Again, we write about the honor committee. In a few days, the Committee is Planning to begin the very first constitutional convention. This comes after a history vote last spring to change the penalty for committing an expulsion offense to a two-semester furlough. Since the announcement of this convention, however, Honor has seemed particularly disorganized – lacking on established promises, failing to communicate with the student body, and reducing the event to an unrepresentative and unelected congregation of delegates. If the Committee is truly committed to meaningful reform, it must ensure the transparency and accessibility of this process. This convention—along with the committee that plans to host it—belongs to us, the student body.
Based on recent debates at Committee meetings, we don’t know who is responsible for Honor’s failure to successfully prepare for her convention. Be that as it may, the fact remains that the convention is imminent, and this shortcoming reflects on the Committee as a whole. The student body was left largely in the dark. What was originally supposed to be a convention understood of all interested CIOs seems to have mysteriously turned into a closed-door affair where 30 unelected student delegates will be able to speak on behalf of over 40,000 students and faculty. We do not know why or how these delegates were chosen. We don’t even know exactly when and where the convention will take place. This secrecy and inaccessibility undermined the Faith we had originally in this committee’s dedication to meaningful reform.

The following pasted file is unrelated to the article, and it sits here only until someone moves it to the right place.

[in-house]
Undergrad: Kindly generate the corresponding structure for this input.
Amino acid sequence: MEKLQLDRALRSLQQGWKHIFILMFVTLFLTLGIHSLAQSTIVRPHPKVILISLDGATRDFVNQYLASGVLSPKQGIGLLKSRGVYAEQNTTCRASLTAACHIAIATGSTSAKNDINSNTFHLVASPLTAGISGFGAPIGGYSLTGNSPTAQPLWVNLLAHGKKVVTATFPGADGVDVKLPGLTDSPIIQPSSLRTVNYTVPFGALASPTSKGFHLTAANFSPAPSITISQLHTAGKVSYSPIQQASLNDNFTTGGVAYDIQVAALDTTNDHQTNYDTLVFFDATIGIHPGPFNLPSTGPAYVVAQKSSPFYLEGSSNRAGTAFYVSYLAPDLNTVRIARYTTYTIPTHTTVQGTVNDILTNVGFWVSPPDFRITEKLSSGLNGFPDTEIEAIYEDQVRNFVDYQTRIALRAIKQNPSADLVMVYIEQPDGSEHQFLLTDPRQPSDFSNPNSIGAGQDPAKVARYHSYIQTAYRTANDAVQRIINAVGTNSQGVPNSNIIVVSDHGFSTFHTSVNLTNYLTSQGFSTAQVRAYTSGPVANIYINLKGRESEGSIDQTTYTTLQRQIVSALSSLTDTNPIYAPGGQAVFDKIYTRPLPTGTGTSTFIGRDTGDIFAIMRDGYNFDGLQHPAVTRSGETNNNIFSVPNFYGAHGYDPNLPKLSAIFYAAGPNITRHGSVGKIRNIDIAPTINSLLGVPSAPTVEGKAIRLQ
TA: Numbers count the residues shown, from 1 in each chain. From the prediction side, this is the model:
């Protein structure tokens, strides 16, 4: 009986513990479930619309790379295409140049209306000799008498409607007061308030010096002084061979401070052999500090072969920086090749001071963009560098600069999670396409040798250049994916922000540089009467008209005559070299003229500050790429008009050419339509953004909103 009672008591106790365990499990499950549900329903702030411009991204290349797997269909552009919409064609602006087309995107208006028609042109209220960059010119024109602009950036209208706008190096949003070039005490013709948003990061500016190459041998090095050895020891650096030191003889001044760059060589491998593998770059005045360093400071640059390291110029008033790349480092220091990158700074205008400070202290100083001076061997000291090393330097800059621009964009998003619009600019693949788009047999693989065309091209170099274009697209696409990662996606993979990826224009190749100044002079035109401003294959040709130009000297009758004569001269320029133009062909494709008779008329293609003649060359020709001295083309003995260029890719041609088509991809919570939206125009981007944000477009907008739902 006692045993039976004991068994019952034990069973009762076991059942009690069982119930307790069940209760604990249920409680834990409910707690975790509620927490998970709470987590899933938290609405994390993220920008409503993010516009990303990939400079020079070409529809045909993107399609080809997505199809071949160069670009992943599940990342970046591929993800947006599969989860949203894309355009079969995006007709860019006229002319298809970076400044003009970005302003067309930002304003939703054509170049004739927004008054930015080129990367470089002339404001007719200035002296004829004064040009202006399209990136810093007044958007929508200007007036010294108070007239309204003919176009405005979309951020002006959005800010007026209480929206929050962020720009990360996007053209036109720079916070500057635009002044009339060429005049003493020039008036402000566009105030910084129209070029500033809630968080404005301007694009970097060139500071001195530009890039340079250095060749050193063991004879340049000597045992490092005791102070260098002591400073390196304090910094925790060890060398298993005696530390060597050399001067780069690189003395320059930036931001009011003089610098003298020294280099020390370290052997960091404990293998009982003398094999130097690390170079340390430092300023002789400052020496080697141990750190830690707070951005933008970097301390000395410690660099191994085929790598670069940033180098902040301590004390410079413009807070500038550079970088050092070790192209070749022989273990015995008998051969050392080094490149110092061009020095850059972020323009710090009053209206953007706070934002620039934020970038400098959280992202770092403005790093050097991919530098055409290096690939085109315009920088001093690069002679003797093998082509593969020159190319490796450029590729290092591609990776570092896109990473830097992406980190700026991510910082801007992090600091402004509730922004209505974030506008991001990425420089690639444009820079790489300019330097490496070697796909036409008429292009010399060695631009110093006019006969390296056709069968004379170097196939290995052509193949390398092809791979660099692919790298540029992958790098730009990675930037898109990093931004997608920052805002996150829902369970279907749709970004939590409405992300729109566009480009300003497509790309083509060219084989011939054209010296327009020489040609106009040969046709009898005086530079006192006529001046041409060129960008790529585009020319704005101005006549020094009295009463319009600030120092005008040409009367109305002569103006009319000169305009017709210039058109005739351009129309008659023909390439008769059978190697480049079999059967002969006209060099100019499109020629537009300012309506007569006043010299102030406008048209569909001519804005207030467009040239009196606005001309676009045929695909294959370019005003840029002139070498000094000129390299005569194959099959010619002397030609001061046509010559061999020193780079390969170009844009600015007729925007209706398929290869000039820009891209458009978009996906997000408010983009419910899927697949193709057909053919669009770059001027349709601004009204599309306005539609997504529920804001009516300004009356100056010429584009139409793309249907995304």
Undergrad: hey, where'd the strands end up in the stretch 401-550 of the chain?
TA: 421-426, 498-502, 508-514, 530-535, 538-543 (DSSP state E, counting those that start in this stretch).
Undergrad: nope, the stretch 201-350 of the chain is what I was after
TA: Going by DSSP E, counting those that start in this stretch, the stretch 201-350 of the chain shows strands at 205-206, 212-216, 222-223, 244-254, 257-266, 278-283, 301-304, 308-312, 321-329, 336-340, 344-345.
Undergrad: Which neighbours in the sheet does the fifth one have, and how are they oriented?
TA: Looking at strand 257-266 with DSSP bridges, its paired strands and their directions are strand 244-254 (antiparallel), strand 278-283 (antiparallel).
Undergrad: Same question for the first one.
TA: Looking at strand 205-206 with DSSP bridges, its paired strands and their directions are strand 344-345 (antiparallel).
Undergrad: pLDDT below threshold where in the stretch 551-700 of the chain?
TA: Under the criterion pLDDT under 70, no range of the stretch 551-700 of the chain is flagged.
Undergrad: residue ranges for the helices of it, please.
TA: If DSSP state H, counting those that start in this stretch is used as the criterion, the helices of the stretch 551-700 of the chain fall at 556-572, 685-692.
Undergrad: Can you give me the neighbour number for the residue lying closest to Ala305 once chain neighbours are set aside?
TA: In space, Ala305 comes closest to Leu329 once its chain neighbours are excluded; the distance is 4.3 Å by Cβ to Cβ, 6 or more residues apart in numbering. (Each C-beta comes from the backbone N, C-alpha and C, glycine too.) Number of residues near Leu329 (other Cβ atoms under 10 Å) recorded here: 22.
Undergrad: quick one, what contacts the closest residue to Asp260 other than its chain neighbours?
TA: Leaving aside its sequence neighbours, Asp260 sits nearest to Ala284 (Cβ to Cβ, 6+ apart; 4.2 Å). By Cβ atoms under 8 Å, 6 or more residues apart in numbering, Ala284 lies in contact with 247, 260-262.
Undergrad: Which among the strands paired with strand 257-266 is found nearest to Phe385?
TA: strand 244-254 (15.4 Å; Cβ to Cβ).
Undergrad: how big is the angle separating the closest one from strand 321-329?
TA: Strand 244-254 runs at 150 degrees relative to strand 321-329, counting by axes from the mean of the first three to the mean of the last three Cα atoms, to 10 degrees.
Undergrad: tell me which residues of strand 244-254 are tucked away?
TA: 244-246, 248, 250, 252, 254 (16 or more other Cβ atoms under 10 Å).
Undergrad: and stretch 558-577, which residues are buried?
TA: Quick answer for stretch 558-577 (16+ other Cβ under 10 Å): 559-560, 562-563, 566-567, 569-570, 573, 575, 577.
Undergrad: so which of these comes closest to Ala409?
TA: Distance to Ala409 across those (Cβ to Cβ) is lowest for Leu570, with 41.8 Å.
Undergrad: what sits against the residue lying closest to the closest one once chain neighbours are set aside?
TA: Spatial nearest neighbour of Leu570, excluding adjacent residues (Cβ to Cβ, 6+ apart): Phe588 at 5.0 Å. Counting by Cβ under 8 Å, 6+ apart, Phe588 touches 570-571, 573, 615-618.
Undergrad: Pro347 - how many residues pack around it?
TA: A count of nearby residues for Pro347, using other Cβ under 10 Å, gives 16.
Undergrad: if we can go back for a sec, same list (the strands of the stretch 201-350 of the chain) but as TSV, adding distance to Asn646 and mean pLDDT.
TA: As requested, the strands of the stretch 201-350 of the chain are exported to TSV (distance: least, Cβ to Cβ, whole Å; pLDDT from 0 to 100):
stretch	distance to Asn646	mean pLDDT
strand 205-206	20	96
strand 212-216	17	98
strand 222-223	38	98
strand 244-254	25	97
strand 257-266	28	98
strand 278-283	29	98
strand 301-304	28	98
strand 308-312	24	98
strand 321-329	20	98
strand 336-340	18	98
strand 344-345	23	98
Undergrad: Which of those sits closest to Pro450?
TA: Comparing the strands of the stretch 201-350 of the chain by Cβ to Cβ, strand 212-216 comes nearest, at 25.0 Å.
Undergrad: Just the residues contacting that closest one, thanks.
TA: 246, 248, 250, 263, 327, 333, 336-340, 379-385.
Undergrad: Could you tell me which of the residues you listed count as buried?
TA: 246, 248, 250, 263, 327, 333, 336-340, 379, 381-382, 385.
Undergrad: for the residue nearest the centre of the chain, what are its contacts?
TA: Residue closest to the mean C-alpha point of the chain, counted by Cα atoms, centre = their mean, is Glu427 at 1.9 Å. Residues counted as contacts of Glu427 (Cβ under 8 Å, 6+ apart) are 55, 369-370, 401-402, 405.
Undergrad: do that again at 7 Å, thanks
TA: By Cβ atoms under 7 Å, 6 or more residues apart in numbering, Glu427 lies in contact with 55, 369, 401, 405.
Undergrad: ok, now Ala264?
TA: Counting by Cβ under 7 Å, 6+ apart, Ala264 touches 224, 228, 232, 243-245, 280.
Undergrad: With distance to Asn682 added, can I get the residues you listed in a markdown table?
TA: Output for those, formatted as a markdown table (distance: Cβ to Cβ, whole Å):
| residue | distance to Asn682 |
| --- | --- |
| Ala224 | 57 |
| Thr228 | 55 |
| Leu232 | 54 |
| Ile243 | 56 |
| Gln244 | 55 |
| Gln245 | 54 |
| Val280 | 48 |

Prevent special status organizations—such as the university judicial committee, student bar association, and student council—to participate in the convention is contrary to student autonomy. Denying representation from these student leaders means that the convention excludes critical perspectives. The UJC already has a multi-sanction system and could offer valuable insight into how the Committee could develop its own, for example. It is also disturbing to us that Honor seems to believe that not all students have a voice in this convention. Any member of the student body may address the Student Council during its weekly public comment period. We do not understand why the Committee did not make similar efforts to establish a space for public participation and instead chose not to involve the SSOs. We agree with Honor’s leadership that “the best things about U.Va. have always been done in community. If he really wants a constitution that serves everyone, we should all have a say in it.”
Furthermore, we find it disconcerting that the Committee expects students to buy into this process when their own members do not even do so. Representatives have consistently failed to show up for meetings this fall, resulting in a lack of quorum. It’s not new problem. The students have no reason to believe that this convention will be productive if the Committee meetings have not been.
The student body will not vote to ratify a constitution it did not help create, and Honor has a lot of work to do to build trust and increase buy-in from students and relevant stakeholders. A constitutional convention will not destroy 180 years of institutional harm perpetuated against marginalized communities. The list of things the Committee needs to change to save our trusted community and accomplish reform is long. However, we think a decent place to start is to remember that this convention is meant to be for the student body, which has already expressed overwhelming disapproval of expulsion and the way Honor has operated for two centuries. It is clear that students are hungry for change. The Committee must respect that.
The Cavalier Daily editorial board is made up of the editor-in-chief, the managing editor, the two opinion editors, their senior associate and an opinion columnist. The council can be reached at [email protected].